This is one of those posts that probably will not interest you at all. But in the course of CraftTestDummies, I get asked frequently by new bloggers and craft companies/brands- “How do you make money blogging?”
Some blogs charge for reviews. I don’t. I think it’s unethical to take money for a review, since the reviewer would be compelled to say nice things. I’d rather not take the cash and instead be free to be honest and unbiased. (This goes for all of the reviews on CraftTestDummies.com, by all of the team and guests here. It’s a site-wide policy. Other bloggers disagree, and to each his/her own.)
Occasionally I run into a craft company that asks for a review but doesn’t want to provide an adequate sample size. (No, I cannot review your glue if you only give me ONE GLUE STICK. Or whatever. ) Or I have a company that wants a bunch of links to their social sites, or for me to do reviews on Amazon, or whatever. So I’ve had to really think about how I respond to them, and to put it clearly so that they (and maybe you, too, dear reader) understand how I make enough money to keep the boat afloat.)
So here’s my thesis.
Dear Representative of Company X:
Thank you for reaching out to CraftTestDummies and your interest in a review.
Per our initial contact, you know that I review craft products FREE OF CHARGE. Each review takes me 4-6 hours between creating with the product, research, taking pictures, editing them, and then writing a carefully-crafted blog post. I take special care to make sure that each post is SEO optimized so that searchers can easily find my post in the vast ocean that is the internet. In this FREE review, I happily link back to the website of the product, and then include additional affiliate links, too. (More on that part in a minute. )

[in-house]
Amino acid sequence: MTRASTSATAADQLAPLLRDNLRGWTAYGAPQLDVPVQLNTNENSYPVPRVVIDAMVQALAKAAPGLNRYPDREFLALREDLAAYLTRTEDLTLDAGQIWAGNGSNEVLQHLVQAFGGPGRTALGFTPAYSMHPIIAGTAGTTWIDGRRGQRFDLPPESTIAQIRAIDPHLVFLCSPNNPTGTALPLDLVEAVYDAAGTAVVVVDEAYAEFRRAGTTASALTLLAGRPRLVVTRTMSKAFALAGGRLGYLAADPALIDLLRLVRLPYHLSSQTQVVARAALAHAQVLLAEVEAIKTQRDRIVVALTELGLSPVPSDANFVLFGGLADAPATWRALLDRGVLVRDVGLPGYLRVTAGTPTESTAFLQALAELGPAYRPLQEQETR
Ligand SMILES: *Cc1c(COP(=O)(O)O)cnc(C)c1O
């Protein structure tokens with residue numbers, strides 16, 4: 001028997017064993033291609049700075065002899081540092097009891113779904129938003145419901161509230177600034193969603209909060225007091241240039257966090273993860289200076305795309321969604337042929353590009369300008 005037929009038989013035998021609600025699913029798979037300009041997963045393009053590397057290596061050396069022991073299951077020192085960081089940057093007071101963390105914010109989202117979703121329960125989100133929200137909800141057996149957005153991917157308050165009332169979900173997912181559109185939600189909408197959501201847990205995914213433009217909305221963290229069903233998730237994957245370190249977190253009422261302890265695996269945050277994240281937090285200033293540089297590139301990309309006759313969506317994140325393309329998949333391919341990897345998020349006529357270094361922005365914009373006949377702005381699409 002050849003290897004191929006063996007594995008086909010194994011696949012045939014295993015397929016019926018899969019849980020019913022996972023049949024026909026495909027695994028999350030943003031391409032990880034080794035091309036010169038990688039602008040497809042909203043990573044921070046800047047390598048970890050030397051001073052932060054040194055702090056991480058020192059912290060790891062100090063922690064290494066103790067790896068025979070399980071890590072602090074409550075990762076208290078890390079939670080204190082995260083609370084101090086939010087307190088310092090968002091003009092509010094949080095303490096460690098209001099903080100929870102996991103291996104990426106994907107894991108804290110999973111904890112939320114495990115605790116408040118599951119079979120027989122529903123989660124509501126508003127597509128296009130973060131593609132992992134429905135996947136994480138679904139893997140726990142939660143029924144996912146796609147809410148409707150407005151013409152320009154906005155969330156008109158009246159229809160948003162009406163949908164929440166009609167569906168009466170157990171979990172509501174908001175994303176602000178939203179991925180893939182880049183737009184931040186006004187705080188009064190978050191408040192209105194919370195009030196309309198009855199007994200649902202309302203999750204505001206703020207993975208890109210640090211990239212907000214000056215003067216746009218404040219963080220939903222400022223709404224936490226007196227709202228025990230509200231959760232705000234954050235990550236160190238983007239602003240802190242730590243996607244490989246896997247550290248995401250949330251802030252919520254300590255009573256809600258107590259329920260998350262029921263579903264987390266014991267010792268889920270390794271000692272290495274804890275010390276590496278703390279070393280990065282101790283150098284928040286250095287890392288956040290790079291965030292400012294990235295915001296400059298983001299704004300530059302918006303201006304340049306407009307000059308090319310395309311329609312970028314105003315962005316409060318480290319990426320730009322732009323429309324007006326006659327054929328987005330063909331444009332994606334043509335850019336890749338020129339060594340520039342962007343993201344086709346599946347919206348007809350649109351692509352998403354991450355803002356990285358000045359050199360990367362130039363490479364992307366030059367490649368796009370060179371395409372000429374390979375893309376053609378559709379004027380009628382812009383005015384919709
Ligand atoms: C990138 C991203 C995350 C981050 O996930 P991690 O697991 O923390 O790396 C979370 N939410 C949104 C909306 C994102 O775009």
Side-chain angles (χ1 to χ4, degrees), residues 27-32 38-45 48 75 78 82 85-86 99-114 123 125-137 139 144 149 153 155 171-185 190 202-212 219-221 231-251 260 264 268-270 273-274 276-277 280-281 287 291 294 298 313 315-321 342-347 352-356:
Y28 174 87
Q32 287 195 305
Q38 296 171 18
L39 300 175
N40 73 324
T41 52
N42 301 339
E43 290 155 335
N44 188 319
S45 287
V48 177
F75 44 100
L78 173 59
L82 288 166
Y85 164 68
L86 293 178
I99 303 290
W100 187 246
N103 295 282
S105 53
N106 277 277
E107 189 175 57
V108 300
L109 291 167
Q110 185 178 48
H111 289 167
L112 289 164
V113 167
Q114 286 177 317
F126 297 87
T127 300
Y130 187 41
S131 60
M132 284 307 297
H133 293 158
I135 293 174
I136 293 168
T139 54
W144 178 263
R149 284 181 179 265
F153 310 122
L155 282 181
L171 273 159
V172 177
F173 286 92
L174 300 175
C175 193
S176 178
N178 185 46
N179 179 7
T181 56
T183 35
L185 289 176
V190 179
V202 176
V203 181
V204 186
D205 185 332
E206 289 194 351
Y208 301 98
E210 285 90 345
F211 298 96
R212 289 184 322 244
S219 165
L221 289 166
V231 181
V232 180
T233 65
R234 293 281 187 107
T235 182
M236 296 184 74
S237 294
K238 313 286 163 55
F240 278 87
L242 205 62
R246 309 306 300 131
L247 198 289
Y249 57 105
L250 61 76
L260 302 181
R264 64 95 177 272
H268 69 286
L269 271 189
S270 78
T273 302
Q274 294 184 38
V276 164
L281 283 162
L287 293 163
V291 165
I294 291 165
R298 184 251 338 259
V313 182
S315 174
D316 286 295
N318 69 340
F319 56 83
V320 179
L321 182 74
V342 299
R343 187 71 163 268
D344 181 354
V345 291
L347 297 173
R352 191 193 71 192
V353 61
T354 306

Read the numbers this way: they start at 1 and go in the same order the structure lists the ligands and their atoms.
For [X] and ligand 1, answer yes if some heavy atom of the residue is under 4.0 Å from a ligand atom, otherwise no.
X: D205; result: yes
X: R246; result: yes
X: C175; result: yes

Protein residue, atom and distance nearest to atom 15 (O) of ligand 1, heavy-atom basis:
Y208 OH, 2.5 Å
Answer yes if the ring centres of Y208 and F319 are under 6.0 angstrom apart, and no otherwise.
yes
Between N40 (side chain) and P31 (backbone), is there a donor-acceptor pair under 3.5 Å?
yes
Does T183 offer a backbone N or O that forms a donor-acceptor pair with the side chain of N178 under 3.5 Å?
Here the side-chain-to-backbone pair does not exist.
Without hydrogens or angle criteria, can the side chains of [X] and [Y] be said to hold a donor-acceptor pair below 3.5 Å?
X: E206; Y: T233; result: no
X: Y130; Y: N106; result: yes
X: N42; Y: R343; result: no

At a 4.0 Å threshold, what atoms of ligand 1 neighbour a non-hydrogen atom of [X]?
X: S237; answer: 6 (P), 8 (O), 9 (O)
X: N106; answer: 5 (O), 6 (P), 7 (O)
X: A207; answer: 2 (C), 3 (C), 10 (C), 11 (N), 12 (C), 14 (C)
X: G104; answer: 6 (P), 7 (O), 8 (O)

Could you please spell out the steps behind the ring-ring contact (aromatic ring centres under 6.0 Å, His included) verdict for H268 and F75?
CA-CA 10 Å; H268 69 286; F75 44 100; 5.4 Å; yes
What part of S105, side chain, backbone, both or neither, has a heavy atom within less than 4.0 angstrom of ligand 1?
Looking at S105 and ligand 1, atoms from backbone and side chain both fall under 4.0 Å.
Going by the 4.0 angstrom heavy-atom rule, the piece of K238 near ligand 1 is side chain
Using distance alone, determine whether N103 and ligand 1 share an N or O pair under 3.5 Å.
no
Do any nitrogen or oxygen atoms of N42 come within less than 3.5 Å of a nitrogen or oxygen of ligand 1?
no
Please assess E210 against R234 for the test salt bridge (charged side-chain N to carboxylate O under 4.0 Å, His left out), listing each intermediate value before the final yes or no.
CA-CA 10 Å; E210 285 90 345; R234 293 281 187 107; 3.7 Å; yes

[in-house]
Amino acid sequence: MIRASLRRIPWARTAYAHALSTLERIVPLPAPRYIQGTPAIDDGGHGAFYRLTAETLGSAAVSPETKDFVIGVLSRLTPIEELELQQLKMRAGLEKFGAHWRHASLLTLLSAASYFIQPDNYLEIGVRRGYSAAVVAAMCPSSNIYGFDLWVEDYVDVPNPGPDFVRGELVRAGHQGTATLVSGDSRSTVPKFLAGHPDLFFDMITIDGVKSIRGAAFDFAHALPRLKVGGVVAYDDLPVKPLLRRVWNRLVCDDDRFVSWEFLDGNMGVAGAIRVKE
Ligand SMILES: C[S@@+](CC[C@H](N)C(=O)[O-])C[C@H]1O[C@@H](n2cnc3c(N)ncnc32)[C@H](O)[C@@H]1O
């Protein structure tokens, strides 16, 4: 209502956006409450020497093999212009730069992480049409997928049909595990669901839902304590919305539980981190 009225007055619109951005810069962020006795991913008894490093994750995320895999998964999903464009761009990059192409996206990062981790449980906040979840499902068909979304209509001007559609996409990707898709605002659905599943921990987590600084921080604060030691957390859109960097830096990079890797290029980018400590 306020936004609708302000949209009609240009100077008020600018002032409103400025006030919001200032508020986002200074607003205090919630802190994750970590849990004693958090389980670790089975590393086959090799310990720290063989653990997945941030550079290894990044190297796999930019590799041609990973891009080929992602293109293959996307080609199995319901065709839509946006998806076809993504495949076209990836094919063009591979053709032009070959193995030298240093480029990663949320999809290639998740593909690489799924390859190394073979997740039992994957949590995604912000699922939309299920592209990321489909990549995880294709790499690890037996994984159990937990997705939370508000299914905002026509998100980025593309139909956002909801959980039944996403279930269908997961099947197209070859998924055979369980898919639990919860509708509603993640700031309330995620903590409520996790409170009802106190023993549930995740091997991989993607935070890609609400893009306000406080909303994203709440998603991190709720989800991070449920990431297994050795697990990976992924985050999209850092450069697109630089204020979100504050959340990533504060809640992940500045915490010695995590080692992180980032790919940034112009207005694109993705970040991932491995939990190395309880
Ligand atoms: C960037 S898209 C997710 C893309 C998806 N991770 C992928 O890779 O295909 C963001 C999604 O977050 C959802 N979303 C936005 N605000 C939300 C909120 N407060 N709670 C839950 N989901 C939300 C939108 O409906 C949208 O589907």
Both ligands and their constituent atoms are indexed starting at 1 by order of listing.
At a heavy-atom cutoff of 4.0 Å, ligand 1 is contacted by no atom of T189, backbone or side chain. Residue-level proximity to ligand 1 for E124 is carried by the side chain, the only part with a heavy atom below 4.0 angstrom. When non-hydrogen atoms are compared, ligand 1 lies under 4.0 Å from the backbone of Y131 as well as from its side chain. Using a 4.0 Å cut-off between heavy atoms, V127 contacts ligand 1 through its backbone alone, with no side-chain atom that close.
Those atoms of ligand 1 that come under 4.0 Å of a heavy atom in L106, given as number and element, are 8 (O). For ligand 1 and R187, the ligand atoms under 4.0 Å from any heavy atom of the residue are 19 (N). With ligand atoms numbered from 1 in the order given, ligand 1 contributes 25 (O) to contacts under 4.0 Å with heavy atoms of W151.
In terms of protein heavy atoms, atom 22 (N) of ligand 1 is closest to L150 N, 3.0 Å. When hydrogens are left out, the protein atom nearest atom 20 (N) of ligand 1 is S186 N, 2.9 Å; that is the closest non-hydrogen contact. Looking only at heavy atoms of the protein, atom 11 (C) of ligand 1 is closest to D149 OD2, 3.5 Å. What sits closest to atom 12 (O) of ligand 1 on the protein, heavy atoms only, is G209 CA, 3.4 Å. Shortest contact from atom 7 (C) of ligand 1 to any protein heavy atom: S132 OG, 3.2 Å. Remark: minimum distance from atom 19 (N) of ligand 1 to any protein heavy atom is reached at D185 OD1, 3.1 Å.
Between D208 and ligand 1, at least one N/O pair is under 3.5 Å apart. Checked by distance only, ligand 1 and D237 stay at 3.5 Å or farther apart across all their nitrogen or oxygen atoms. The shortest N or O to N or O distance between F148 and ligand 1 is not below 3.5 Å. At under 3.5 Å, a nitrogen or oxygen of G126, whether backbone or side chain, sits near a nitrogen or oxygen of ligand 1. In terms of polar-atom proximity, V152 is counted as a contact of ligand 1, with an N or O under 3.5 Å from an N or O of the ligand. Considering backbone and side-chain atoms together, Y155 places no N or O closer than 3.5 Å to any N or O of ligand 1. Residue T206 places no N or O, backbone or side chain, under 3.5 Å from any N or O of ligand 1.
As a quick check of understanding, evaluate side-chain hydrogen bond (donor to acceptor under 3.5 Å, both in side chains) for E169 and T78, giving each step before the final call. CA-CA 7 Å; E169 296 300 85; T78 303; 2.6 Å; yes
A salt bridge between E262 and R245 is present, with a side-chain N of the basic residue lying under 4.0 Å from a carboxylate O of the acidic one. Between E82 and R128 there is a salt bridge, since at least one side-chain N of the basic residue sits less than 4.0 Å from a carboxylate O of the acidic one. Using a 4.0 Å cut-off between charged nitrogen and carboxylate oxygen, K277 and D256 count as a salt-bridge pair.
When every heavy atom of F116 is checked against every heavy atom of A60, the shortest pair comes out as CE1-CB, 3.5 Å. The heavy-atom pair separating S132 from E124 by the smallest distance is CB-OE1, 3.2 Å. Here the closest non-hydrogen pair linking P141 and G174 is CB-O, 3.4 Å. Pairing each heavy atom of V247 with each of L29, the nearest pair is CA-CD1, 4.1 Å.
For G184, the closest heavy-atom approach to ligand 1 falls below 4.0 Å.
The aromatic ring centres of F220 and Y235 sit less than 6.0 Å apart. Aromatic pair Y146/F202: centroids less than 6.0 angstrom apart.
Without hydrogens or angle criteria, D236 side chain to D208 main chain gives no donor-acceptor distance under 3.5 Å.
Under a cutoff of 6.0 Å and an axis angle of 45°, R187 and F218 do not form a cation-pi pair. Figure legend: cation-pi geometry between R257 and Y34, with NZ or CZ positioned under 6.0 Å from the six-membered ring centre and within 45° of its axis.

As per our communication, I request three samples of product to allow for quality control checks, mistakes, and the different ways I use/test them. After all, the blog IS called “CraftTestDummies”- I reserve the right to make all of the mistakes I can- primarily to show my readers what NOT to do. It educates them and saves you customer service calls down the road. If three samples seems like an exorbitant amount to you, let’s be honest here. Just between you and me, you know that the cost to *make* your product is less than 1/4 it’s retail price. And this review isn’t going to cost you one red cent, but it will generate interest among a VERY dedicated niche audience. (And sometimes I get super excited about a product and make an accompanying video for free, too. But you have to stay on my good side for that.) So reaching out to a blogger is the most cost-effective way you can spread the word about your product. It’s like setting up a billboard in the middle of a superhighway for free. And that highway just so happens to be packed bumper-to-bumper with your target audience!
But that real estate has its costs. On my end, I pay for hosting fees, for high-speed internet access, for frequent computer and camera upgrades, and for dumb things like plumbing and electricity so my lights stay on and the toilets flush.
So that goes back to “How Do I Make Money?” Or better yet- “Why Do I Spend So Much Time For So Little Return?”
Frankly, I know that you might not care about this at all, but it’s part of my thesis here. So sit tight. It’ll be over in a minute.